News & Updates
Business School Tree-planting Admission Essay: Quantifying Greener Goals
By Devon de Langely
I have been immersed in many physically grueling activities throughout my life, from years of high-level competitive sports to reaching the summit of Mt Kilimanjaro. To date, tree-planting has been by far the most physically demanding activity I’ve experienced. Planting in Prince George, British Columbia gave me a true perspective on what it means to work hard. It opened my eyes to a world of sheer dedication, sacrifice, motivation, and toughness. I have since tried to apply the life-lessons that I took away from tree-planting last summer to my academic and athletic pursuits.
My goal to be the fastest rookie planter was a long shot, being 17 years old and the youngest at camp. But after only the first training day, Vinnie, the Camp Coordinator and Field Supervisor, took me under his wing, because he said he noticed my potential. For the rest of the season, I was fortunate enough to be put on a 6-person crew alongside my brother Brennan, a second year planter and current Ivey student, and my cousin Miriam. This was probably the best choice that Vinnie could have made. The family competition and drive to out-plant my brother day in and day out, allowed me to quickly develop the skills required to be great. Brennan, Miriam and I learned to work as a team and communicate to ensure the ‘planting block’ was completed the most efficiently and with top quality trees.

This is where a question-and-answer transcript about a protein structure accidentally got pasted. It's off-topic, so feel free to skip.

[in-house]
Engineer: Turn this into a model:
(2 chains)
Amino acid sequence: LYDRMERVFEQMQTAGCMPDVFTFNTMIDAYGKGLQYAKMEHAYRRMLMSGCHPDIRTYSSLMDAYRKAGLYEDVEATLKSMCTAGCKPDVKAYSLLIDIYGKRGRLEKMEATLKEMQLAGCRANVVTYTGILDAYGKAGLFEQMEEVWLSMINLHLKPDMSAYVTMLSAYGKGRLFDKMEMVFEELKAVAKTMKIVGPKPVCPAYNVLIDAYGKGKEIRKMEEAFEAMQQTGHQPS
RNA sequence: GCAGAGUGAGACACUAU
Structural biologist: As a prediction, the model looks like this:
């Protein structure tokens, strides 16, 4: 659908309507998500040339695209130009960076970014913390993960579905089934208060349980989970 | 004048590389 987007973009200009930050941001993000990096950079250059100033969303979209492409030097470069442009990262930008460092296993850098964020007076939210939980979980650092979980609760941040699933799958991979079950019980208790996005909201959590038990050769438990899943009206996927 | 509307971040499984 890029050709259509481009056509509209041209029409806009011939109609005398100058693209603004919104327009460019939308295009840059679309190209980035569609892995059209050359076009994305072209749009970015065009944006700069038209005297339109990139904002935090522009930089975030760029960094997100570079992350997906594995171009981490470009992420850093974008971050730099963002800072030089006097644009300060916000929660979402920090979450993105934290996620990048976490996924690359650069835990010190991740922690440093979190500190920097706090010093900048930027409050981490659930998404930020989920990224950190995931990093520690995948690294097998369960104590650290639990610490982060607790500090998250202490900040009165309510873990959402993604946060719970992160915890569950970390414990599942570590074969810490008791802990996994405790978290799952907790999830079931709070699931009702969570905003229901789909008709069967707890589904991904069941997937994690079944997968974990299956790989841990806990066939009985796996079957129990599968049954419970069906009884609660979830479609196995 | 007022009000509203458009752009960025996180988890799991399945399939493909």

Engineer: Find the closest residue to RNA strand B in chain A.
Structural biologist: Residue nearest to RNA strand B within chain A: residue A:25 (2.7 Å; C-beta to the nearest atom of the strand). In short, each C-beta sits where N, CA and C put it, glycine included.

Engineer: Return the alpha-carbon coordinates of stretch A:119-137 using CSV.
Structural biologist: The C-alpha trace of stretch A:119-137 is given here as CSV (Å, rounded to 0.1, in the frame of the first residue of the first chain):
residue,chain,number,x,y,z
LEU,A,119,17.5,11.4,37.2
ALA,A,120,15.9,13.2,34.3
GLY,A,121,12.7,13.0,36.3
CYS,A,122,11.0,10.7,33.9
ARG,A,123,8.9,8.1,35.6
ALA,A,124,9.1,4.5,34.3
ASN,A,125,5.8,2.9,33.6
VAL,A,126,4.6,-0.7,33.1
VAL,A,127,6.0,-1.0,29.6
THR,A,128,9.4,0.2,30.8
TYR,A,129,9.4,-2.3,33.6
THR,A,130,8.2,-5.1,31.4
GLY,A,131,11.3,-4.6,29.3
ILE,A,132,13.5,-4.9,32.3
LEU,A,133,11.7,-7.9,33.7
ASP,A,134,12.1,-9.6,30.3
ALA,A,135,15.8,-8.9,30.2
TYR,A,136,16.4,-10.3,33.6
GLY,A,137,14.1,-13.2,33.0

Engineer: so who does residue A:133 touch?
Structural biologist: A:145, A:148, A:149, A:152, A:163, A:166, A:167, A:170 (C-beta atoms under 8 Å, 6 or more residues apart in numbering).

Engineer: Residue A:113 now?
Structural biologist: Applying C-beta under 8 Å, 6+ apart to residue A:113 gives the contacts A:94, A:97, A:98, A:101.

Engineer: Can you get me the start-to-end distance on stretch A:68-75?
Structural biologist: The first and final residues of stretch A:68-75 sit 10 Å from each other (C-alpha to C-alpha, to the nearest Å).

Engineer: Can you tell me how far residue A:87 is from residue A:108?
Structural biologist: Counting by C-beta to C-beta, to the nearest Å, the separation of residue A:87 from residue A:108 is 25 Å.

Motivation played a huge role in my success as a first year planter. Something about living in a tent out in northern British Columbia for 2½ months makes it really easy to just give up. After overhearing Vinnie, a legend in the tree planting industry, call me his protégé, family and intrinsic values were now not my only sources of motivation. Every night, I would ensure all my gear was dry and ready for optimal usage to tackle the upcoming day.
Being the only rookie to hit 1000 trees on the first day was a memorable moment. Although I quickly realized my own potential, I truly believed I wouldn’t last the season. I overcame adversity, and ultimately I proved to myself that with the right attitude, I could be successful. I soon became the first rookie to hit 1500 and then 2000 trees planted in a day. My most humbling moment was when Erik Brinkman, the Project Manager and son of Joyce Murray, stood up in front of the entire camp and congratulated me on reaching 2000 trees. Erik proceeded to advise all the rookies to strive in their own way to find the motivation and success that I have found.
The truth about tree-planting is that you will become accustomed to pounding your shovel in the ground thousands of times a day, planting in ridiculous rain and heat, being attacked by hundreds of mosquitos and black flies, pulling thorns out of your own forearms, and taking off your gloves after work with your hands looking like shriveled prunes. But the reward to reach my goals and mentally and physically push myself with tree-planting last summer was more than worth the difficulties.
Post Script by Erik Brinkman
Devon submitted this essay in an admission application to Business School and put me down as the reference. All I had to do is sign in and press a button at the bottom of the essay that said either “agree or disagree.” I pressed “agree,” and then asked him if we could put it in the Newsletter. He agreed.